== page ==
I think there is a lot of confusion among parents between happy kids and spoiled kids. Sometimes, out of fear of spoiling our kids, we guarantee they will be miserable.
I heard about the fear of spoiling kids when my first daughter Eden was born. Everyone around me said, “Don’t hold her all day. You’ll spoil her”.
I never liked the word “spoil”. I did not understand how anyone could think of spoiling such a wonderful, perfect, divine creature. I always felt that hugging Eden and holding her was more for me than for her anyway.
As time passed, I realized they were trying to tell me to find the balance, to avoid creating a dependency, to give and get space and to provide and gain freedom. It is sad the only word that can include all those ideas was “spoil”.
I find the idea that showing love to our children is risky very disturbing. I talk to many parents at my parenting workshops and discover that this old fear is still there.
I think people came up with the idea to justify not being able to give their kids what they thought they should. For example, if they feel tired of holding a baby for a long time, they come up with the justification that holding a baby the whole day would spoil the baby. Why can we not just admit that part of what we do for our kids, we actually do for ourselves?
Spoiled is too much!
To me, the definition of spoiled has something to do with “getting used to something” or even developing a bit of an addiction. If you give your kids too much of something, they develop a dependency on it and become addicted to it. So if you give them lots of hugs, they become addicted to hugs. If you give them a lot of your time, they cannot do anything without you. If you give them many toys, they expect you to shower them with toys for no reason, preferably very expensive toys.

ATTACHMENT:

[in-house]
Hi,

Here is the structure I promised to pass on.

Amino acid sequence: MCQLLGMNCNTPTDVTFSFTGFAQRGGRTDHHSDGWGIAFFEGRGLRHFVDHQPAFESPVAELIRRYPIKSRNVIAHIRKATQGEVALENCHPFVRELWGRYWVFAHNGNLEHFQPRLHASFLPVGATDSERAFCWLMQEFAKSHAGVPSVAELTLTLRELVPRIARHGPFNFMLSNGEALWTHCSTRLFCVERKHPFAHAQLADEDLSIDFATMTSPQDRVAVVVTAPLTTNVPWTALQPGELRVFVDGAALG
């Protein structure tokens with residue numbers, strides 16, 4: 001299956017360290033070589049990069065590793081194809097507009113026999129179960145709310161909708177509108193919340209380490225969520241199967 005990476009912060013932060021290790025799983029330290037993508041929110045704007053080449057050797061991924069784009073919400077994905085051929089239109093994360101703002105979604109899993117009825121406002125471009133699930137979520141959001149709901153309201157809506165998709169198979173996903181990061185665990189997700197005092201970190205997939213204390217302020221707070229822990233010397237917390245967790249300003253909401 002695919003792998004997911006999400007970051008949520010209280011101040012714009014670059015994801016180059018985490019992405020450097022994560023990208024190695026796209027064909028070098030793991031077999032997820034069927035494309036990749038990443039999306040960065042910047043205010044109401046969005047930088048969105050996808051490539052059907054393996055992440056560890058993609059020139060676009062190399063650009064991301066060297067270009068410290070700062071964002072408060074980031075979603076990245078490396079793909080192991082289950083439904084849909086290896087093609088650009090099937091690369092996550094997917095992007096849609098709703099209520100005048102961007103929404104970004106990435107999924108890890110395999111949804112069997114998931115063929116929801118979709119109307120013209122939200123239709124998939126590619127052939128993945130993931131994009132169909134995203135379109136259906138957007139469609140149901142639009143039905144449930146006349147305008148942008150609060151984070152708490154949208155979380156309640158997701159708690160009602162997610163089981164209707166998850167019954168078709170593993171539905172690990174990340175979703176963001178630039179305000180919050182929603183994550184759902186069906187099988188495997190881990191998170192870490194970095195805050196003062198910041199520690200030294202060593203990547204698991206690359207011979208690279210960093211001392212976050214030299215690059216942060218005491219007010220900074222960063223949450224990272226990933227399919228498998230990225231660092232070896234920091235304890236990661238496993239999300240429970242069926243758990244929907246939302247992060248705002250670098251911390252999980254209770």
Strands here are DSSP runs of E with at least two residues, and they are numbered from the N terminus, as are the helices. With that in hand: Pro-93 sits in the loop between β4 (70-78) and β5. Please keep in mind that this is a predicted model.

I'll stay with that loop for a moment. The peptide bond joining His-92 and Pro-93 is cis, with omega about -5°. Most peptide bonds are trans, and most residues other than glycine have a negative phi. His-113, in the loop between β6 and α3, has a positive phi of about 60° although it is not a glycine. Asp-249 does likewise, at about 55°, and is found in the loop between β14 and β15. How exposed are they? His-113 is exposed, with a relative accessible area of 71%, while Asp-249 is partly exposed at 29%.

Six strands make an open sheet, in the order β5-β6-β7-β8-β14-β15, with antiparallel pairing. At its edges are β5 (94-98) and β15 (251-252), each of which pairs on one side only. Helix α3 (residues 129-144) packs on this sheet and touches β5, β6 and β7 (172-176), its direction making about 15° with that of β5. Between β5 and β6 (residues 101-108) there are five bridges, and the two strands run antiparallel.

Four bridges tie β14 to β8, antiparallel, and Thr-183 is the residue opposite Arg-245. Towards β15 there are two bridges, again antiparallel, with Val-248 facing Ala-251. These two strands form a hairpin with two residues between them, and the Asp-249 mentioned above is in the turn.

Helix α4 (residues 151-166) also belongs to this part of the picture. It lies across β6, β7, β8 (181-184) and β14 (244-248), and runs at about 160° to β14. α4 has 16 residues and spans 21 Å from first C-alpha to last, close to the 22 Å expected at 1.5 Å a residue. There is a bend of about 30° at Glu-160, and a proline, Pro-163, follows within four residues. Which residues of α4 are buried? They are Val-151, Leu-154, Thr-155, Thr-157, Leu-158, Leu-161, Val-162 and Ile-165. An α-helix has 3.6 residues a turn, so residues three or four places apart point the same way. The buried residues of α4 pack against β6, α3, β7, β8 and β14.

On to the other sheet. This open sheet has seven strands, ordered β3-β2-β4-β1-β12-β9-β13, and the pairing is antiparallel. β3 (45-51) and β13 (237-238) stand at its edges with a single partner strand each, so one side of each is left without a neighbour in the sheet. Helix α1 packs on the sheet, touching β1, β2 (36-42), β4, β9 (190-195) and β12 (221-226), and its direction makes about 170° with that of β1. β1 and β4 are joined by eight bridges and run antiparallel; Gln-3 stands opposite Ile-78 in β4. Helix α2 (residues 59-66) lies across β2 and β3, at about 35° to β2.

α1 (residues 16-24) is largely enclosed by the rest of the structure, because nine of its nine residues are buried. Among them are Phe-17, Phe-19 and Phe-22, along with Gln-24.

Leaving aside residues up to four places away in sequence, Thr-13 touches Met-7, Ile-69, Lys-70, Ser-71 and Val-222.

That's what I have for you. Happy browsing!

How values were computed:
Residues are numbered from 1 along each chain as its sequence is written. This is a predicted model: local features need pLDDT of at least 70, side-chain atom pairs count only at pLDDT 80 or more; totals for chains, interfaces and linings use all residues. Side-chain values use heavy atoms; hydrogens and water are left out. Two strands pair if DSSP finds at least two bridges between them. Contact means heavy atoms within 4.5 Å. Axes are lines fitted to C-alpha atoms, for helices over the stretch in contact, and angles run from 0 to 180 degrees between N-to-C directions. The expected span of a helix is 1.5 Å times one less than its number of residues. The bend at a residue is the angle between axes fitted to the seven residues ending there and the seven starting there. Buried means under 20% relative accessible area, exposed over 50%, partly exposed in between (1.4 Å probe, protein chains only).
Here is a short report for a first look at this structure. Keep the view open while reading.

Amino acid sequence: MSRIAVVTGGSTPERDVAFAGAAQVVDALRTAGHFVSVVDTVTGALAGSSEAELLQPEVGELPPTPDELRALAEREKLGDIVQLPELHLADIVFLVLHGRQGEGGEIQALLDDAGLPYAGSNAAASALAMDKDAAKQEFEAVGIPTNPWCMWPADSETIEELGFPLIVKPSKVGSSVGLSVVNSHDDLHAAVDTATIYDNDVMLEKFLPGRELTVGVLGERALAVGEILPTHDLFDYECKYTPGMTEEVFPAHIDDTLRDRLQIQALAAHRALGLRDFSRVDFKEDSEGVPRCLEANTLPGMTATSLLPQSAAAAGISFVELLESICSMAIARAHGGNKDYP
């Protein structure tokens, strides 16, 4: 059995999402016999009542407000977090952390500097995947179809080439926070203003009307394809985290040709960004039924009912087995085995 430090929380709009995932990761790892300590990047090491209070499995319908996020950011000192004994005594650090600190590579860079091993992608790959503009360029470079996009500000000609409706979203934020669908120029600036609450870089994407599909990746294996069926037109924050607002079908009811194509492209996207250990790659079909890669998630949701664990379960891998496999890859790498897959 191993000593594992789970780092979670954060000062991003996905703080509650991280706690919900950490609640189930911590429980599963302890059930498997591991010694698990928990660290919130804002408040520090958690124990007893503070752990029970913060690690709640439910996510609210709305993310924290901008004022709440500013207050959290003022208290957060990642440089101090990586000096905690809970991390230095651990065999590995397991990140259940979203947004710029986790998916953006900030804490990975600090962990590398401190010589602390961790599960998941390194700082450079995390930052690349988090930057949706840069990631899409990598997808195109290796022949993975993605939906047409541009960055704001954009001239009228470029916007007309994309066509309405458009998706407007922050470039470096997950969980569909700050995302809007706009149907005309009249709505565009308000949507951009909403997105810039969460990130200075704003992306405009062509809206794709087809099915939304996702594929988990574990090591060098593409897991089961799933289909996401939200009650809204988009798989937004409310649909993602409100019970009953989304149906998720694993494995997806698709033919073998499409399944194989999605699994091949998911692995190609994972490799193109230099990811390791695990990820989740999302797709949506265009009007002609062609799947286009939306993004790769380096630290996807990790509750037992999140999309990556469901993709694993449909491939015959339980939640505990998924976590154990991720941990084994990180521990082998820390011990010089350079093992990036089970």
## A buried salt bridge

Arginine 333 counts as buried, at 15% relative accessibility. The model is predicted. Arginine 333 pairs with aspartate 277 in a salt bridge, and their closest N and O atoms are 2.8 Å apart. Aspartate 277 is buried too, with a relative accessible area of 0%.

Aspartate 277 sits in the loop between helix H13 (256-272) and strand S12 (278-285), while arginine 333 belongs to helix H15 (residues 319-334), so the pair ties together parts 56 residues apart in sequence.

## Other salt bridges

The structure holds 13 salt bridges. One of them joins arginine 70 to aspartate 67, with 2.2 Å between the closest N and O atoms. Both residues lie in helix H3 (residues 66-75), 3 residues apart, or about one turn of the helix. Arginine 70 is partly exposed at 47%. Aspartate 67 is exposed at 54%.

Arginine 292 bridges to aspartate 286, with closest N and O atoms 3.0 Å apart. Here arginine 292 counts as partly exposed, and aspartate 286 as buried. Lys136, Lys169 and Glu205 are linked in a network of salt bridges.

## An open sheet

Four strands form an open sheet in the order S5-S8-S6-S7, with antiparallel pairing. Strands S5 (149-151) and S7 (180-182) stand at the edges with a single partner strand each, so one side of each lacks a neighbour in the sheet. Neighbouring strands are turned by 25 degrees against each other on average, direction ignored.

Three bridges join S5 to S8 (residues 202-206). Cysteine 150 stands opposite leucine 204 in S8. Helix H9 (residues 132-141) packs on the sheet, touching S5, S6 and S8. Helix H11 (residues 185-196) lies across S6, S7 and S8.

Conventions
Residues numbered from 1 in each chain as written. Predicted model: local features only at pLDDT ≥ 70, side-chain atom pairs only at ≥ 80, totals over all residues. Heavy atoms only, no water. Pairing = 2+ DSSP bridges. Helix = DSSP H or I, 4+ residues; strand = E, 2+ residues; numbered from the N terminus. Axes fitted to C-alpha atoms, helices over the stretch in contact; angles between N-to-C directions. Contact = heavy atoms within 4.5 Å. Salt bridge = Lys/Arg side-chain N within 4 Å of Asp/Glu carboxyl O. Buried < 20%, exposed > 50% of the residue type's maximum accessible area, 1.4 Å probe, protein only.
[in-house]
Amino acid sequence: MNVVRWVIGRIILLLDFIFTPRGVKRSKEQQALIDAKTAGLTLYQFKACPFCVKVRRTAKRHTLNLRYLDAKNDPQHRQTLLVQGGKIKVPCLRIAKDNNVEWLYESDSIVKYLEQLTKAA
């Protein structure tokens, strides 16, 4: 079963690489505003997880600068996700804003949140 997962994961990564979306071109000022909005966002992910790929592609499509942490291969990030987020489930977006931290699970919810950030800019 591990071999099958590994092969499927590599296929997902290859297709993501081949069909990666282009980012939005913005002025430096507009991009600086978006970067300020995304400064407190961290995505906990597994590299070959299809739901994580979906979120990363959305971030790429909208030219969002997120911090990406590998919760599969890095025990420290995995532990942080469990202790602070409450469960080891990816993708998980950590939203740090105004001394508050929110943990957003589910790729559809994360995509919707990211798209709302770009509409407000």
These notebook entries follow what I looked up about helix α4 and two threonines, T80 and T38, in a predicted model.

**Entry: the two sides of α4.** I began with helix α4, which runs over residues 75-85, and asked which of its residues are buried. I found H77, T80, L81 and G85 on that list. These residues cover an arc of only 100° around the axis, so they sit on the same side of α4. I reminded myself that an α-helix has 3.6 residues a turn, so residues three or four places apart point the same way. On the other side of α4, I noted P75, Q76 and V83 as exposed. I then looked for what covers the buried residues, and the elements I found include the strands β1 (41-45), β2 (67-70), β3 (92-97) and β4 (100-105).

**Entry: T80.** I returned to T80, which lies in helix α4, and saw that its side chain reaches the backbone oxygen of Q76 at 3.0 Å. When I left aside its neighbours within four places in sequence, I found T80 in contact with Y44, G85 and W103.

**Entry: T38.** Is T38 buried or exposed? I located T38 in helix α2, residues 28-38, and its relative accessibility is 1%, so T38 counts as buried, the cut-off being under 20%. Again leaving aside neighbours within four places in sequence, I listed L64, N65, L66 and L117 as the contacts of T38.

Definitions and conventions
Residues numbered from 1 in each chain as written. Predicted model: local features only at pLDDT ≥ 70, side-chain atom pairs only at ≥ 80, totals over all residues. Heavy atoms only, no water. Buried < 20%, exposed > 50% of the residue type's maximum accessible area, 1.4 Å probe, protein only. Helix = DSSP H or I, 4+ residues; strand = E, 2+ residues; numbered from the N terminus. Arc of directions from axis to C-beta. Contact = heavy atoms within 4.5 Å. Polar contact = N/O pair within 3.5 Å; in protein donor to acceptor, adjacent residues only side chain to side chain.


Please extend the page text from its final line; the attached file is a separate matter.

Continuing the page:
I have even heard parents say that if I tell my kids they are smart a lot, I risk them getting used to the idea that they are smart. In one of my workshops, we had a big debate about a mother telling her daughter that she was not pretty so she would not get used to the idea (and be disappointed later in life).
The difficulty is that we can never predict when we are giving “too much”, because children are different and have different needs and because parents are different and have different needs. What is “too much” for one can be “not enough” for another. This does not mean that we do not have our own definition of “too much”, but it certainly means it is ours and may not necessary apply to others.
At first, when you have babies, people tell you that if you hold them a lot, get them used to a dummy (or pacifier), rocking them to sleep or taking them for a drive in the car to put them to sleep, it will make them spoiled.
As our babies become toddlers, the fear is from developing bad habits. If you give them only what they want to eat, it will make them fussy eaters. If you buy them everything they ask for, it will make them spoiled brats.
Those ideas, once planted in many parents’ minds, make them doubt their own judgment about when it the right time to give their baby a dummy or when it is right to pick the baby up and comfort her when she is crying. I think this doubt is worse than actually picking the baby up, because our parenting is done with fear and anxiety.
Later on, when they become teenagers, they are already spoiled brats. They want to be left alone, they are angry, emotional, confused and without cure.
Un-spoil your kids with happiness
I think you can spoil kids only if you give them too much of what they do not want. They are not spoiled. They are unhappy.
When a baby cries for his dummy, he wants comfort. When he nags for a cuddle, he is aching for some security. When she is fussy about eating, she is begging for some confidence. But by the time they becomes teenagers, they stop expecting their parents to fulfill their needs, because they cannot. They never could.
Every time you catch yourself thinking about spoiling your kids, ask yourself, “What do they really want?”
It is always a feeling they are missing. Everything they ask for can be translated into a feeling. If you are not sure about the feeling behind the request, tantrum or fussy behavior, ask them, “How would you feel if I did this for you (bought you this, gave you permission to do this)?” and listen carefully to their answer. Find the feeling they are searching for and come up with ways to give them what they truly want. Children (and grownups) whose needs are met are happy.
Do not confuse unhappy kids with spoiled kids. Kids are not spoiled because you give them too much. They behave like spoiled brats when you do not give them the feeling they want.